21-year sentence handed man who killed child welfare worker

MOUNT CARROLL, Ill. (AP) — A man charged with murder in the death of an Illinois child welfare worker entered into a plea agreement with prosecutors and was sentenced Wednesday to 21 years in prison.

Andrew Sucher, a 6-foot-4, 270-pound weightlifter, was accused of attacking Department of Children and Family Services worker Pamala Knight, 59, when she tried to take a child into protective custody in September 2017. Knight, who worked out of the agency's Sterling office, learned the child was with Sucher, who was accused of abusing a 6-year-old and was under court orders to stay away from the 2-year-old.

Knight went to the toddler's paternal grandparent's home in Milledgeville without police protection because no officer was available. After she got out of her automobile, Sucher, then 25, pushed the woman to the ground and allegedly kicked her in the head, fracturing her skull and causing brain damage. Knight died about 5 months later.

Under the deal entered into by his public defenders and the Carroll County state's attorney's office, Sucher will serve 100 percent of his sentence.

Don Knight, the victim's husband, told Sauk Valley Media that prosecutors entered into the plea deal because the medical examiner won't be able to testify with certainty that Sucher's kicks, not a fall before she was kicked, caused her death. There was concern Sucher might be convicted of involuntary manslaughter and serve only two to five years in prison, he said.

"Justice wasn't served here for her today," Knight said. "This terrible tragedy will be with us for the rest of our lives. My family's loss is permanent."

As a result of Pamala Knight's death, a law was passed in 2018 by the Legislature and signed by then-Gov. Bruce Rauner requiring law enforcement agencies "to make all reasonable efforts to assist" DCFS investigators when requested. It also allows officers to cross jurisdictions to provide that protection.

Iowa Supreme Court takes appeal in judge selection law case

DES MOINES (AP) — The Iowa Supreme Court has agreed to hear an appeal of a lawsuit challenging a new state law that changed the way some judges are selected in Iowa.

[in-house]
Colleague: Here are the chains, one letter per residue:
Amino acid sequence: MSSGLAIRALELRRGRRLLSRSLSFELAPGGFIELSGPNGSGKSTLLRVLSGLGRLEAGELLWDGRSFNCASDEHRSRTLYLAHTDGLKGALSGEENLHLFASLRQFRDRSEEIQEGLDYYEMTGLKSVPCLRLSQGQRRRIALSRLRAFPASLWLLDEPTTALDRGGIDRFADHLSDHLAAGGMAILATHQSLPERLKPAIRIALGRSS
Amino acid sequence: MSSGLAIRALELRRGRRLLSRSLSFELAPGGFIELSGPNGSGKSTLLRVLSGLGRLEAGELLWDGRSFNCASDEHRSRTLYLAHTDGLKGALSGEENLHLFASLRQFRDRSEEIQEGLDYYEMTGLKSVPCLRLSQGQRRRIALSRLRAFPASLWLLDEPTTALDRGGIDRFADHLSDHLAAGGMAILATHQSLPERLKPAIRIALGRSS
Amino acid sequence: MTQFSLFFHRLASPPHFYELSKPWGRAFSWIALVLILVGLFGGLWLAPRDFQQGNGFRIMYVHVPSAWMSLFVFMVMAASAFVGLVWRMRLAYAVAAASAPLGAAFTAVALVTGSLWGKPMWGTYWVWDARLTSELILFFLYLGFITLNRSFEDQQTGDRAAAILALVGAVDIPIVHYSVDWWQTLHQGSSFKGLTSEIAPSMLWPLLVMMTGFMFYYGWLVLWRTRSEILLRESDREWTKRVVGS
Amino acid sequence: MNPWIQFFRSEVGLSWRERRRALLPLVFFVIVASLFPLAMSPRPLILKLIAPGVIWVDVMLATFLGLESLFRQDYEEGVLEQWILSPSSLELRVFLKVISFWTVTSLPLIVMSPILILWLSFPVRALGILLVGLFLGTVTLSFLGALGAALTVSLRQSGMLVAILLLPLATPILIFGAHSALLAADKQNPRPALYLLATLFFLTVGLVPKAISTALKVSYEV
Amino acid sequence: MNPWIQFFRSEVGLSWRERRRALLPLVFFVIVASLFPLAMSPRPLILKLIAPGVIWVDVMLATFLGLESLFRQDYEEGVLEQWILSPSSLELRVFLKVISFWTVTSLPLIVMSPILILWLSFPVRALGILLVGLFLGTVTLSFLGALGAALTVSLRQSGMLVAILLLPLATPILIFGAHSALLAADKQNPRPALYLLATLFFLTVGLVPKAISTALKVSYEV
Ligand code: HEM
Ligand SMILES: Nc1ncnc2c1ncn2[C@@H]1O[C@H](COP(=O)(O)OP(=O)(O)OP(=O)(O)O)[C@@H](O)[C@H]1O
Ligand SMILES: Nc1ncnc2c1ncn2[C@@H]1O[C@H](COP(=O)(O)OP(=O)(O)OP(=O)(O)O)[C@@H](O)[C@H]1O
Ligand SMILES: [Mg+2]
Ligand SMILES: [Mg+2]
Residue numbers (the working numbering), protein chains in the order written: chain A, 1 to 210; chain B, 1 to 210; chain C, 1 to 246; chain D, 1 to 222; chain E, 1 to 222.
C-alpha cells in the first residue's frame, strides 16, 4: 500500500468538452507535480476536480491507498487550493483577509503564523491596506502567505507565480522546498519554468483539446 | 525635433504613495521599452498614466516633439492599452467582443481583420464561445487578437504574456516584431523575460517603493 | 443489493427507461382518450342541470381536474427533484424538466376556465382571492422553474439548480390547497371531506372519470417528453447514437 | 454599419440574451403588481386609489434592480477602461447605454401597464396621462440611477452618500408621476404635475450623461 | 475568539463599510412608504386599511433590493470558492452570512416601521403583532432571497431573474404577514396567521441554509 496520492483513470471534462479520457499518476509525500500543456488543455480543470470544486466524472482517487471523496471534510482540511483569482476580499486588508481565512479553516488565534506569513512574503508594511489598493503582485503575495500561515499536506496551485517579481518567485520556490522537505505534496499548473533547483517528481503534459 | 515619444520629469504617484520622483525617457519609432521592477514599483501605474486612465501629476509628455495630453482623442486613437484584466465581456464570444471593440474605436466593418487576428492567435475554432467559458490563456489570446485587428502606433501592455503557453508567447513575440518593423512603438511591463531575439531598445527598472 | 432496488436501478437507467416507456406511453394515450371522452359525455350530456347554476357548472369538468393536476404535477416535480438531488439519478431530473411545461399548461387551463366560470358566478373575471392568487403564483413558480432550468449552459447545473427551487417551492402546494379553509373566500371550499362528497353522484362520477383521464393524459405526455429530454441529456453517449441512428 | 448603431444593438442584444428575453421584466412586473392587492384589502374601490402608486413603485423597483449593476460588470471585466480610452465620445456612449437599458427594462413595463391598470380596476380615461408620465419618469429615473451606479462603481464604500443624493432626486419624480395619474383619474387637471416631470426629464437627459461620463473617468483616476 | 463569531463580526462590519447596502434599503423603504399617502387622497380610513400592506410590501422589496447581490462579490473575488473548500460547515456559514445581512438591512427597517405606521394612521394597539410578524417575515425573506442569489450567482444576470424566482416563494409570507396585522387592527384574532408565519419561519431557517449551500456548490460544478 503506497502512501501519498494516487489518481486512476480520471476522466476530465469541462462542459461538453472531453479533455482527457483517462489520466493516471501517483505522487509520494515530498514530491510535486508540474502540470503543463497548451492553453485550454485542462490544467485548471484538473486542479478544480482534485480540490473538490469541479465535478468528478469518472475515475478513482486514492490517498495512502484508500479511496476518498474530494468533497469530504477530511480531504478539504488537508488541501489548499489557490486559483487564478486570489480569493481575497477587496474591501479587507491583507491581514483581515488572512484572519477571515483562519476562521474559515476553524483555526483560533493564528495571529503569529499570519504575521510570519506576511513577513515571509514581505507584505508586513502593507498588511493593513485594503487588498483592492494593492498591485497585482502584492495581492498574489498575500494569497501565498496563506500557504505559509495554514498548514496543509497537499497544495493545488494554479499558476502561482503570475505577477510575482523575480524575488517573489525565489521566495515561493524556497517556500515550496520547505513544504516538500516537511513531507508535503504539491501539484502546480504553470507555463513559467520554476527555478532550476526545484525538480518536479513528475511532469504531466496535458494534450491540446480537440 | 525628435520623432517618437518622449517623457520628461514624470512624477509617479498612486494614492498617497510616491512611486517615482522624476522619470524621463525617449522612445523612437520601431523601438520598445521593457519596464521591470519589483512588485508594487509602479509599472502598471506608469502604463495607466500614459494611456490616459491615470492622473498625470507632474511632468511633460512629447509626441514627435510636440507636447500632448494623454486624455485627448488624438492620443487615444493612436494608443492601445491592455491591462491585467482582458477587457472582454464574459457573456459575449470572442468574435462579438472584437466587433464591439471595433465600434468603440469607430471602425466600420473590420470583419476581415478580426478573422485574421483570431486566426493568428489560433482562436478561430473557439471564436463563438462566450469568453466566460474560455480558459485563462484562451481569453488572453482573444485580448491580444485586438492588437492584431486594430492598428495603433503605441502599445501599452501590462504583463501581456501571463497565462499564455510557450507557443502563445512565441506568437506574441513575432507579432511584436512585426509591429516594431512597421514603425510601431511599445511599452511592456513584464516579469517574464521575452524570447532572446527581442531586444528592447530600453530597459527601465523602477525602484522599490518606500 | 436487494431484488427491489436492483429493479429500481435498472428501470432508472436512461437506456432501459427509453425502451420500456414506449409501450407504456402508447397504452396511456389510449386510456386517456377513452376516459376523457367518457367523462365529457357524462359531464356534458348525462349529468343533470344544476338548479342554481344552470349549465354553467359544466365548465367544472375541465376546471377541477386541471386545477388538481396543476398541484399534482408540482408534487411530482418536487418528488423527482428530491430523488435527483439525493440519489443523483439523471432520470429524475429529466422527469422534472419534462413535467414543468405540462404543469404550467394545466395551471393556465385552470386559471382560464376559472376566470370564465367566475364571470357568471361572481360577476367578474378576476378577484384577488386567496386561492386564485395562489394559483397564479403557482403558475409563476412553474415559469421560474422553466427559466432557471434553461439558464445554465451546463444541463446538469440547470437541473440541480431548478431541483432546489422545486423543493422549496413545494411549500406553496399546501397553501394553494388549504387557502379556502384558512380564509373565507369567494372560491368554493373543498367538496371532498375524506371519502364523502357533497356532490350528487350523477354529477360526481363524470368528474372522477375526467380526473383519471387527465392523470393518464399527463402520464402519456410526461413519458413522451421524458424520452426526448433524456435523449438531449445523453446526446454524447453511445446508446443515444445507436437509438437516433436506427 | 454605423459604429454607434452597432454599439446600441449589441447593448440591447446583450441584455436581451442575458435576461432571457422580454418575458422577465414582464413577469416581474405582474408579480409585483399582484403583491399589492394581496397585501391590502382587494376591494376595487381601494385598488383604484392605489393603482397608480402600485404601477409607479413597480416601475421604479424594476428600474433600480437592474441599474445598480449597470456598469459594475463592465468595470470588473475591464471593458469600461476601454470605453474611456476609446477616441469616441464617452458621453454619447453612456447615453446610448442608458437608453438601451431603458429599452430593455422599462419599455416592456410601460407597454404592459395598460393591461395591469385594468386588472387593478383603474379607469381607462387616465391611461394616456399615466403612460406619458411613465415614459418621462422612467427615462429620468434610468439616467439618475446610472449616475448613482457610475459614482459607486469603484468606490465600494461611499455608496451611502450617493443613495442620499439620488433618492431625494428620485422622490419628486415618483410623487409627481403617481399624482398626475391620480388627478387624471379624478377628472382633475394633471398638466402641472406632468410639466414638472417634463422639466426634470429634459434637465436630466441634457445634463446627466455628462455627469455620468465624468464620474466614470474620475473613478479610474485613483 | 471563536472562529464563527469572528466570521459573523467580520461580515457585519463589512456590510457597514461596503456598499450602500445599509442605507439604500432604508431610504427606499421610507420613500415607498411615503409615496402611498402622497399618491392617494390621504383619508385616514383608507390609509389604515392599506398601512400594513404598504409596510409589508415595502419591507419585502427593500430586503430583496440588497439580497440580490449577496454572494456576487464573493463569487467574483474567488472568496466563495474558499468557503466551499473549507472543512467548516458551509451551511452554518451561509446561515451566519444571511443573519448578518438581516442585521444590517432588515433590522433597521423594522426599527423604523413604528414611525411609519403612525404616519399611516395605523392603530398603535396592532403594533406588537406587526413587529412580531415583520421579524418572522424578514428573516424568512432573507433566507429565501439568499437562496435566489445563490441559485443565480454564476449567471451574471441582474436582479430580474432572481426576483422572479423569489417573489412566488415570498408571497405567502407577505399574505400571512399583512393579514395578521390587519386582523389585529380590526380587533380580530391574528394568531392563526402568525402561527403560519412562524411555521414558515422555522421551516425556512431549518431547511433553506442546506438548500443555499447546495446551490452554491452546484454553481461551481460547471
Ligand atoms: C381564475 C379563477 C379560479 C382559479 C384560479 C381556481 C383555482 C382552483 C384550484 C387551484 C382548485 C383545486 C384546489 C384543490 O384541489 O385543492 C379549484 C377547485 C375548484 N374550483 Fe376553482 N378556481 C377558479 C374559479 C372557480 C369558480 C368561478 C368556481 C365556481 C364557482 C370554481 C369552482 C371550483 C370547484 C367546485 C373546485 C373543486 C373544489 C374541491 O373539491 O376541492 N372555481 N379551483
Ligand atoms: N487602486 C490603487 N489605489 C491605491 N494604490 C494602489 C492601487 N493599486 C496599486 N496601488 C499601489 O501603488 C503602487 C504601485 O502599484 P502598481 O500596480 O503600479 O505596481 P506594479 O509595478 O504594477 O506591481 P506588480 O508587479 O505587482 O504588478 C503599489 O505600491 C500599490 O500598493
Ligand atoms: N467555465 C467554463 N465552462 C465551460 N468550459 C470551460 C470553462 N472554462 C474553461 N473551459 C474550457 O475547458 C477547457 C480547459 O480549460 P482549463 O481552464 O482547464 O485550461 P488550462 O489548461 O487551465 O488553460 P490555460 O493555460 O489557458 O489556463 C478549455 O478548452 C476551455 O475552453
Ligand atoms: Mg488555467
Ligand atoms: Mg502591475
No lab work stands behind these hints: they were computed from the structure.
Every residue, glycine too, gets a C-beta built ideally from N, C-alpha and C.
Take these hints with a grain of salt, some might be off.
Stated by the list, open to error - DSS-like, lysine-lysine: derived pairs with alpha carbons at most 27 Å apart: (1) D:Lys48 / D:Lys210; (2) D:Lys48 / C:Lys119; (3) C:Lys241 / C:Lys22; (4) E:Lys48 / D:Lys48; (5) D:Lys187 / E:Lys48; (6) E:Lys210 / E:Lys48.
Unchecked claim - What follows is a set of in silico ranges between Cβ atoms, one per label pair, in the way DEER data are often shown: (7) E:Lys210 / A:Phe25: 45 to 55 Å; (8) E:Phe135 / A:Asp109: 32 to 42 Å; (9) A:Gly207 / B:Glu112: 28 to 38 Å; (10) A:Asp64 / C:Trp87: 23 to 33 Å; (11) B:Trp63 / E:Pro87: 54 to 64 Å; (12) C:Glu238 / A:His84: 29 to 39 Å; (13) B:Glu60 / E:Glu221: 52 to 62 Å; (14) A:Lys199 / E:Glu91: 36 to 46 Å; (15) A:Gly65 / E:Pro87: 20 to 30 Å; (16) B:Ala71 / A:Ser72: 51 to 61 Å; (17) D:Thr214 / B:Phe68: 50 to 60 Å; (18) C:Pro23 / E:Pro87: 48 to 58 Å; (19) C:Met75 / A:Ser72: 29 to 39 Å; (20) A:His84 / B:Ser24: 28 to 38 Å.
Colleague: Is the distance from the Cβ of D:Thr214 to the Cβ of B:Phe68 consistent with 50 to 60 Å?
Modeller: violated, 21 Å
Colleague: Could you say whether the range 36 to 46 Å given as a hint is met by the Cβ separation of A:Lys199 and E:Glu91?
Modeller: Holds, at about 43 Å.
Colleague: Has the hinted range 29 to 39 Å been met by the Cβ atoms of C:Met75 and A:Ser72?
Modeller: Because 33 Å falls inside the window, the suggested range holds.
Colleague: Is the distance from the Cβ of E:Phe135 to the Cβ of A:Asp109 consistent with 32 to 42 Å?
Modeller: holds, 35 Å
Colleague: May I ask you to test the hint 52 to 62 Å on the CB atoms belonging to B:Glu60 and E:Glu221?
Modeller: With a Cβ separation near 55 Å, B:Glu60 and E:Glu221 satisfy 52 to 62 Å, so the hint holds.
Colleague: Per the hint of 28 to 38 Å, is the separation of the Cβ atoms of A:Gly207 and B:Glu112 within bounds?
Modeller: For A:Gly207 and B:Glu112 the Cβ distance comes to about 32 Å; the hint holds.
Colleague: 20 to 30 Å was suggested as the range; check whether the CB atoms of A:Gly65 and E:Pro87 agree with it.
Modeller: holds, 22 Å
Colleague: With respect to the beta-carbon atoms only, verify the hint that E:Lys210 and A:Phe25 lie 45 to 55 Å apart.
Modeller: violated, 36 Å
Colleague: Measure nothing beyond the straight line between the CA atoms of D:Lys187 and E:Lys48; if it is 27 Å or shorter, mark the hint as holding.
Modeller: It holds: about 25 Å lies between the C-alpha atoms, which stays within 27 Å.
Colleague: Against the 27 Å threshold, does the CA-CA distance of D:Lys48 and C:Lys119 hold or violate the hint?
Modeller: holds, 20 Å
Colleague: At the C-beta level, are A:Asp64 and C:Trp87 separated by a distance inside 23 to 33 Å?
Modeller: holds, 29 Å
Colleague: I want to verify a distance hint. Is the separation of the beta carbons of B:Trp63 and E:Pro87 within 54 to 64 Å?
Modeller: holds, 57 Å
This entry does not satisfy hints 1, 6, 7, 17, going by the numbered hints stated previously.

A state court judge last month dismissed the lawsuit filed in May by a group of lawyers and Democratic lawmakers against Gov. Kim Reynolds, saying they didn't have legal standing to challenge the law.

The new law gave the governor an additional appointment to the 17-member state judicial nominating commission, meaning the governor will appoint the majority of members.

The lawsuit alleged the vote of the commission's lawyer members was diluted and that the law is an unconstitutional overreach by the legislative branch into the judicial branch.

The commission nominates justices for the Iowa Supreme Court and the Iowa Court of Appeals.

Supreme Court Justice Bruce Zager signed an order Tuesday denying a request to halt enforcement of the new law until the case could be considered on appeal. However, Zager says the court will hear the appeal.

City to add nonskid coating to new splash pad's surface

WAUKEE (AP) — Officials say they'll have a nonskid coating applied to help avert falls and injuries at the new splash pad in the Des Moines suburb of Waukee.

The city shut down the pad at Fox Creek Park last week for a safety review. Several slips and falls had been reported since its grand opening on June 25, and one person required an ambulance ride to medical care.

Waukee officials say the pad's concrete surface meets or exceeds splash pad standards, but the coating will be added anyway.

The pad will be closed through July so the rubberized coating can be applied and cured. The goal: reopen Aug. 1 and operate through September, weather permitting.